Steve Madden says Cardi B's the reason he's more interested in Instagram now

It’s difficult to argue that a fashion brand today can truly compete without a successful Instagram page. Luckily, having an arsenal of influencers and megastars on hand to promote your name helps.

During an interview for AOL’s Build Series NYC, Steve Madden, who is currently promoting the new documentary Maddman: The Steve Madden Story, available on iTunes Dec. 1, discussed how he’s adapting to an age in which social media designers and influencers generate consumer interest now more than ever.

“I have to say, Cardi B, she’s blown my mind with her Instagrams. She does these riffs … on like a purple blanket — I know you all must know who she is, she’s a budding superstar hip-hop artist from New York who used to be a pole dancer,” Madden says. “I don’t know if it’s her or a character she develops, it’s just so much fun to watch. It’s gotten me more into Instagram.”

The shoe mogul, who has worked with everyone from Kendall and Kylie Jenner to Lady Gaga, now adds the breakout rapper to his roster, although he’s not yet giving details on their collaboration. He’s clearly thrilled, though, noting, “I think she’s adorable, and she’s just exploding. She’s intelligent, and it’s great to see so many people like her; they’re rooting for her.”

Instagram is a new medium for the 59-year-old Long Island native, who is the design chief of a company whose youngest shoppers are more likely to recognize the Cardi Bs of the world than the Lil’ Kims — a fan of the Madden brand in its heyday. The Steve Madden company rose to prominence in the mid-1990s after an explosive initial public offering led by Stratton Oakmont and Jordan Belfort, better known as the Wolf of Wall Street (or, for the Gen Z set, this catchy YouTube hit.)

But that relationship led Madden to a two-and-a-half year stint in jail for conspiracy to commit money laundering and securities fraud, and made it difficult for Madden to keep his finger on the pulse of his customers. (Throughout the documentary, he maintains, “You can’t run a business from prison.”)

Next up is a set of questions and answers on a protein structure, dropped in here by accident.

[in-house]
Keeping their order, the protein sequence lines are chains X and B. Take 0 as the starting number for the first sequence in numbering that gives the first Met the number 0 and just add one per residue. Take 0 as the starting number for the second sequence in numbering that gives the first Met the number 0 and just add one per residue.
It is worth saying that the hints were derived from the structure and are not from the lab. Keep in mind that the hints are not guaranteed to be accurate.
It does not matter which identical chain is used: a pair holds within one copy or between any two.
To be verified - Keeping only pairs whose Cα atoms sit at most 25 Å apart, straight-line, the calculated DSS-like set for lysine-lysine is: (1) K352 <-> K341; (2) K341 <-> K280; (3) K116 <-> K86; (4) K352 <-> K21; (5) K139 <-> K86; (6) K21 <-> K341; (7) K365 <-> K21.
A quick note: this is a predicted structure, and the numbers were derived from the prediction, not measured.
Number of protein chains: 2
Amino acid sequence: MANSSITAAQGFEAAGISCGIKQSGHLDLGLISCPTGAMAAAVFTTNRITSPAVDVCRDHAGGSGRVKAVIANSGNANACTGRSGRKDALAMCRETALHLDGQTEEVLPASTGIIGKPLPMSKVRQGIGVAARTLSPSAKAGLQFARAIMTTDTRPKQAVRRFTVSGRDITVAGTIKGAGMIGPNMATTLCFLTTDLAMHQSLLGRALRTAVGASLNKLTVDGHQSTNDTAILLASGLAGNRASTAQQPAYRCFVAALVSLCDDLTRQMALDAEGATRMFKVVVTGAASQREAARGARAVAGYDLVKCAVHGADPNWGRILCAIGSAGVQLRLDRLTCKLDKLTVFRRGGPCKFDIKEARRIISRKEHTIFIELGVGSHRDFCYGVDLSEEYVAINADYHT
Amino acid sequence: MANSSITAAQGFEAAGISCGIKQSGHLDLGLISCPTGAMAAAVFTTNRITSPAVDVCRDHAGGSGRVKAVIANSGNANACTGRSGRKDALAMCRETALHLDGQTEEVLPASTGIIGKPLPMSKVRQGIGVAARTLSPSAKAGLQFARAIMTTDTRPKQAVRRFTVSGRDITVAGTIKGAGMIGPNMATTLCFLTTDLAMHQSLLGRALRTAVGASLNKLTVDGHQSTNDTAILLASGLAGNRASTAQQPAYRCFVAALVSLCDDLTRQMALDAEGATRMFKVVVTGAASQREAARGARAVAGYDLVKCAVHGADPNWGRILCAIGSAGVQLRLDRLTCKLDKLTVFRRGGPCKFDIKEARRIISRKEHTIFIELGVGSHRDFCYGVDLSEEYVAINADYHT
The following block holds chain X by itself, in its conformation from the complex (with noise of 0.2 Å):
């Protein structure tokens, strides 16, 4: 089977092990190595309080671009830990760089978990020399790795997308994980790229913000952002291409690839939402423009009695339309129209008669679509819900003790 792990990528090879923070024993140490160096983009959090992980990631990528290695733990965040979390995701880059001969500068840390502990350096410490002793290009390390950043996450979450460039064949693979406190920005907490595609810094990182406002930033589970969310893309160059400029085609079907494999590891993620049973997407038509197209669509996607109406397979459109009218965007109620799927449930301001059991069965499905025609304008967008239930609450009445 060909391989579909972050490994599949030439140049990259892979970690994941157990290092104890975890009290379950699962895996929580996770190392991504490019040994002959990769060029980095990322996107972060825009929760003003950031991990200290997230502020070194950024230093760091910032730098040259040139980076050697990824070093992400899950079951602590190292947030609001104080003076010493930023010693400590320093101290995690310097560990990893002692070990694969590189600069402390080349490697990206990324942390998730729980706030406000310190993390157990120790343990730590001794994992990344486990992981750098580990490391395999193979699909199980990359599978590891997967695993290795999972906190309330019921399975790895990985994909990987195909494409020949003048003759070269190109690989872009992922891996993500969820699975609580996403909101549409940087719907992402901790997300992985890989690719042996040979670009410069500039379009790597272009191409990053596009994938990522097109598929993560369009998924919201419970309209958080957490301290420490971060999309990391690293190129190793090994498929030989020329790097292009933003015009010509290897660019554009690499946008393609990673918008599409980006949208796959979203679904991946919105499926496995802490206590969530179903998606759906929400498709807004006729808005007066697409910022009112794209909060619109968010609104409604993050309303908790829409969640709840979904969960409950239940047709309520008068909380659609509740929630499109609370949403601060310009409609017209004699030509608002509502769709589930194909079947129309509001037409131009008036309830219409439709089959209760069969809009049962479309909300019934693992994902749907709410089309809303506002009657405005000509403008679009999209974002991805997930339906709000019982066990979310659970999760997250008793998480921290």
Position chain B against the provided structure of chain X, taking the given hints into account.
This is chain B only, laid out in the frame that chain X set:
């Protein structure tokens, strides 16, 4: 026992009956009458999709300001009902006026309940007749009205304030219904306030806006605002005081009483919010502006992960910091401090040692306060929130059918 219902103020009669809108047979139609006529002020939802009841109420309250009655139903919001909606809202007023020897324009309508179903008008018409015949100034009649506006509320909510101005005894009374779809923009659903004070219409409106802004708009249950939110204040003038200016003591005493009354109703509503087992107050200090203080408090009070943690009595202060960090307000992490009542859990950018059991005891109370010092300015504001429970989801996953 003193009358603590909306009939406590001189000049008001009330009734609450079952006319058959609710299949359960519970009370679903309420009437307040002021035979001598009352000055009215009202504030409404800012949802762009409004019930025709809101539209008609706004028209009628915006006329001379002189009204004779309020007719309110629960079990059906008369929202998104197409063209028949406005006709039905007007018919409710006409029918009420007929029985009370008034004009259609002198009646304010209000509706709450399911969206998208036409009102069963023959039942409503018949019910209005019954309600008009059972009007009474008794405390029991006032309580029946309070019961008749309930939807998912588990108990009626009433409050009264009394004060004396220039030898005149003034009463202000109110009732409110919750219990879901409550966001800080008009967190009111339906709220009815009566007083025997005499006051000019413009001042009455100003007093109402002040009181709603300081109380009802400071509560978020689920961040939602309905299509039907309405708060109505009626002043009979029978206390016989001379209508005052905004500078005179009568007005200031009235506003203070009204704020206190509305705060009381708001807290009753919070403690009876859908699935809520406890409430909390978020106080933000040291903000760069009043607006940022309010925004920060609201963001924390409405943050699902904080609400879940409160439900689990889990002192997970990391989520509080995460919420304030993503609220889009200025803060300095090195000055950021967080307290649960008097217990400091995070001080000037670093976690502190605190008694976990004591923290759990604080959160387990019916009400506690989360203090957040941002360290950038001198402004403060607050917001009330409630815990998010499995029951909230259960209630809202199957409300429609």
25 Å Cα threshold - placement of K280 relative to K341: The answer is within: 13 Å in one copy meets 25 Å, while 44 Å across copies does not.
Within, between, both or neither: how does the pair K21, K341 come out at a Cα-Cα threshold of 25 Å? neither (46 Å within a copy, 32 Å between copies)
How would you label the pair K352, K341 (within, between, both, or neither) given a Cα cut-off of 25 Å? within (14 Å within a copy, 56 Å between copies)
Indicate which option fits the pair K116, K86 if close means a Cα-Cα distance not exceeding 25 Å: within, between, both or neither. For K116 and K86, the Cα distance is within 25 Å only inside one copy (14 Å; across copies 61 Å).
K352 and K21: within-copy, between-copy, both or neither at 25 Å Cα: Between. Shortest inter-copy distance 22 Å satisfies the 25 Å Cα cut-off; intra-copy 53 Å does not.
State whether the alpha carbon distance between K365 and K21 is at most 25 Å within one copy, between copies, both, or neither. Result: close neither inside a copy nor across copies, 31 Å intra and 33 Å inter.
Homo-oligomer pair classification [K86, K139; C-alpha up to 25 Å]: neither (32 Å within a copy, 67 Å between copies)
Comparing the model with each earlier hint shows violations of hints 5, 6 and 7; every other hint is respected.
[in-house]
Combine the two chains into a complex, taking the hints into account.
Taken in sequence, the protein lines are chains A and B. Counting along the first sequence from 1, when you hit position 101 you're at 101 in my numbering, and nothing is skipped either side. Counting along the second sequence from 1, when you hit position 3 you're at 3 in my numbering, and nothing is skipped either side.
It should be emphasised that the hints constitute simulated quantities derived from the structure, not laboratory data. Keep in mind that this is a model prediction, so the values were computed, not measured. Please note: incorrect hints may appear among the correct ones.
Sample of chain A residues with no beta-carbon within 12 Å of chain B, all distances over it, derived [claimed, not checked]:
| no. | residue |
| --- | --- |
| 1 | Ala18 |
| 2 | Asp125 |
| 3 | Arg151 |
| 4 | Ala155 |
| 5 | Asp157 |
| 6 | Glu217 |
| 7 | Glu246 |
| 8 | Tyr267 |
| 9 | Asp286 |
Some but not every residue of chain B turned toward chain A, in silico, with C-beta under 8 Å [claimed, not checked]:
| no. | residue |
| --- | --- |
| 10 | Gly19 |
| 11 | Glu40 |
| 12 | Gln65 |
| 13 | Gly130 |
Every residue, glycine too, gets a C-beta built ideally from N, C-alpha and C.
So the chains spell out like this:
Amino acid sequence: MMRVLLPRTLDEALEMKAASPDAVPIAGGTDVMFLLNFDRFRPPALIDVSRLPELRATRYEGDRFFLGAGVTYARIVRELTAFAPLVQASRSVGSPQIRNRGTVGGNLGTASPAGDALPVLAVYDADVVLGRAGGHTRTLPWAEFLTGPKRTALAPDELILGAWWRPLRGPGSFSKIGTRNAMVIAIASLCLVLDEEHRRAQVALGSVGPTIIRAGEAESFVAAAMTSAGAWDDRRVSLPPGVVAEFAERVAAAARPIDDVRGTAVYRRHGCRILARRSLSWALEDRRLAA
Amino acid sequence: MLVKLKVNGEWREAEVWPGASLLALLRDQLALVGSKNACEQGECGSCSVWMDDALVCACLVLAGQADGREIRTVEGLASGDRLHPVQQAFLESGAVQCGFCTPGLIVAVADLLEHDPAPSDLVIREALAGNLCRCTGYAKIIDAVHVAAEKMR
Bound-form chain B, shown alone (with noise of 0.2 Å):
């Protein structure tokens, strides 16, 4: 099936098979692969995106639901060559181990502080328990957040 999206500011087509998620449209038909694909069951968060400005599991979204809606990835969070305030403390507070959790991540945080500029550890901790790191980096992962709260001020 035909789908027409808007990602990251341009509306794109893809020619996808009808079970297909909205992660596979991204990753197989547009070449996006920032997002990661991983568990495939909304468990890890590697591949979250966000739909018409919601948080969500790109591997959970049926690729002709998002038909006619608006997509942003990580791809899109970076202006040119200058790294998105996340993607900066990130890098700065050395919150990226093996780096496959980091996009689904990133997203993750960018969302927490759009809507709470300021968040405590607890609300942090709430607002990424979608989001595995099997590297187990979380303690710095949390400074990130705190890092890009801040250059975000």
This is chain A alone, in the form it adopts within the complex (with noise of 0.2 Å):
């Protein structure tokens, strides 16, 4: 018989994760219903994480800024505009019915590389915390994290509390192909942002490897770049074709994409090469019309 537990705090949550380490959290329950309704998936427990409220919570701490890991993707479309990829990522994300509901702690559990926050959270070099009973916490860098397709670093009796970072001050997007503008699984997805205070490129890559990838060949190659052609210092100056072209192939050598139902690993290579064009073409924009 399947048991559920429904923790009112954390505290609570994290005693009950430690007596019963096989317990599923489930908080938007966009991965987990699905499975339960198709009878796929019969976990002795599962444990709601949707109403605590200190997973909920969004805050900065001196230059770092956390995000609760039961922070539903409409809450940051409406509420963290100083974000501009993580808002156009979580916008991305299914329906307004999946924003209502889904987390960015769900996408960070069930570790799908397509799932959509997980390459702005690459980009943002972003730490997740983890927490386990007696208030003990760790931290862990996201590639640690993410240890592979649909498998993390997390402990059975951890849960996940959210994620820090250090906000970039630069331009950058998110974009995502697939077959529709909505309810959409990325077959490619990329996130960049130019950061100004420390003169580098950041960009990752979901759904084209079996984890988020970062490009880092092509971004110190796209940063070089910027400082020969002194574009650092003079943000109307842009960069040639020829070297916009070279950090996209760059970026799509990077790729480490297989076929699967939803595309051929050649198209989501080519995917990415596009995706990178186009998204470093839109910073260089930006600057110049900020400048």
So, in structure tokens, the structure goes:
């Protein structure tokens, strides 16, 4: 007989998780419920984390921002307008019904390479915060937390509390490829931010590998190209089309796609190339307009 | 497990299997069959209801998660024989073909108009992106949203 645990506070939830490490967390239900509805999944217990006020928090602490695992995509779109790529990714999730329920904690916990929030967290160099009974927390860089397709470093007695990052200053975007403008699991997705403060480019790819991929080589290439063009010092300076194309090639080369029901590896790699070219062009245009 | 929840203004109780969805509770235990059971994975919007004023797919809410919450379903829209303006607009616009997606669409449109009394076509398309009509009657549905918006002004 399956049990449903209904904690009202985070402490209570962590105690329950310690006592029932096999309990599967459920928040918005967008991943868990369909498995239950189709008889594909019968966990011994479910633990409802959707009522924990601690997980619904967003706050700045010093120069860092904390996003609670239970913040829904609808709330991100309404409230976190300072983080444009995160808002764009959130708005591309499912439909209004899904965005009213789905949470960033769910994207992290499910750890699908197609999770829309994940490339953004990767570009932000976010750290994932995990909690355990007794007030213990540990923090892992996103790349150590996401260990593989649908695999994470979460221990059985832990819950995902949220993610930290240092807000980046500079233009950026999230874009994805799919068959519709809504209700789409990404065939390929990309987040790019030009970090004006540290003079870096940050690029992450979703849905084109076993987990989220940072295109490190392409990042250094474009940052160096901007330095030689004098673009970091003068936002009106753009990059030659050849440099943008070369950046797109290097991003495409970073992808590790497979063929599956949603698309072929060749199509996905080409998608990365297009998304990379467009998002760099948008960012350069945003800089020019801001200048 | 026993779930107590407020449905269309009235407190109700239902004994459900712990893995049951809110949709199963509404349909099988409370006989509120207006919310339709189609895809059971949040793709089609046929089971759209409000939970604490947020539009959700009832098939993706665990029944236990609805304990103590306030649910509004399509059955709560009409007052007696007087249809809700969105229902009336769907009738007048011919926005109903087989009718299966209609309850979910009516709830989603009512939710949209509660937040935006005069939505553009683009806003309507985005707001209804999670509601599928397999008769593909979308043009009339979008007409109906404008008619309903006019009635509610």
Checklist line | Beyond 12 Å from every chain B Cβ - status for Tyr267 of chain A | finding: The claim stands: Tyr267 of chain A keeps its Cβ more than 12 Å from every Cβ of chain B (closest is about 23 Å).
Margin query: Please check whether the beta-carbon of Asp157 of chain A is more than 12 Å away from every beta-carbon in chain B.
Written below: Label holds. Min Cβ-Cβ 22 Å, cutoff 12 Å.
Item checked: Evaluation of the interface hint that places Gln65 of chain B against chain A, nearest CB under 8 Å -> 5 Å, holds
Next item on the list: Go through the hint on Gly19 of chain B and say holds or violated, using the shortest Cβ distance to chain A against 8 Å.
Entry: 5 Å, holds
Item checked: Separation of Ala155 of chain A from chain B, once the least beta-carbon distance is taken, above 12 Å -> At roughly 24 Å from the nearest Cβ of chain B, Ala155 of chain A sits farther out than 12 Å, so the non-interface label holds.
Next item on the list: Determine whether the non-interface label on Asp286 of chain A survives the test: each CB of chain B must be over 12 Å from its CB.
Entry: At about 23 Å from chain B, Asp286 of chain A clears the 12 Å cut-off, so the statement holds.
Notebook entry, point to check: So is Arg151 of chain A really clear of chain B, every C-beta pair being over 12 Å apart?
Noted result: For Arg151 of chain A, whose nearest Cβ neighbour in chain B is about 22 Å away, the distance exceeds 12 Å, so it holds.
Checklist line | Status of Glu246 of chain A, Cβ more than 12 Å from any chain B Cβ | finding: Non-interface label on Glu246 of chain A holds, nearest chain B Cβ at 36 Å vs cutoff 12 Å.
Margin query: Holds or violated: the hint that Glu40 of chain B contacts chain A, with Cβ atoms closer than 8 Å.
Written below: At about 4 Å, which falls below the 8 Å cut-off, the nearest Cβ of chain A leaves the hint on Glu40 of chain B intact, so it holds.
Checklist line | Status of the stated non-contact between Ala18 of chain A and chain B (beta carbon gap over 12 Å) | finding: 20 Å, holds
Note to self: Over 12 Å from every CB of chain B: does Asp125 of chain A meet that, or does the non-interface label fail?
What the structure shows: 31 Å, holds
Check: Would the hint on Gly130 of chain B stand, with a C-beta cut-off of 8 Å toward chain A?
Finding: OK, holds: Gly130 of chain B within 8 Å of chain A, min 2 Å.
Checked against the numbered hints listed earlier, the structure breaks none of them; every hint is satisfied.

Once Madden was released from prison in 2005, his brand struggled. Originally known for affordably priced, chunky platform heels and mules like the Mary Lou style that teenagers consumed voraciously, Madden had a difficult time connecting with customers who favored spike-toed stilettos and high-priced designer wares.


The early aughts also brought more competition. Fast-fashion behemoths like Zara challenged the Steve Madden brand, which was also known for churning out styles faster than any department store lines could, thanks to the proximity of his Queens-based manufacturing site to the fashion capital of Manhattan.

Fast fashion means responding to trends in real time, and in some cases, copying designs straight from the runway — something that both Zara and Steve Madden have been accused of.

Nonetheless, the shoe business is a world Madden once ruled, as he now fights to maintain his popularity in an age when brands like Gucci and Adidas (which Madden cites as personal favorites) dominate on Instagram. For reference, the Steve Madden brand Instagram page has 1.8 million followers, while the brand’s peers have far fewer (Aldo has 1.4 million followers, and Sam Edelman has 251,000.) As for Madden’s personal account? The “Cobbler NYC” has 3,720 followers.

Still, Madden is undeterred. A U.S.-generated revenue of $1.25 billion-plus in 2016, up from $1.22 billion in 2014, doesn’t hurt, either. “I see some other shoes that look better than mine. It makes me insane, and I get very competitive again,” he says. “I still want to make great shoes. I want everybody to wear my shoes. My fantasy is that there are no other shoe companies in New York but mine.”

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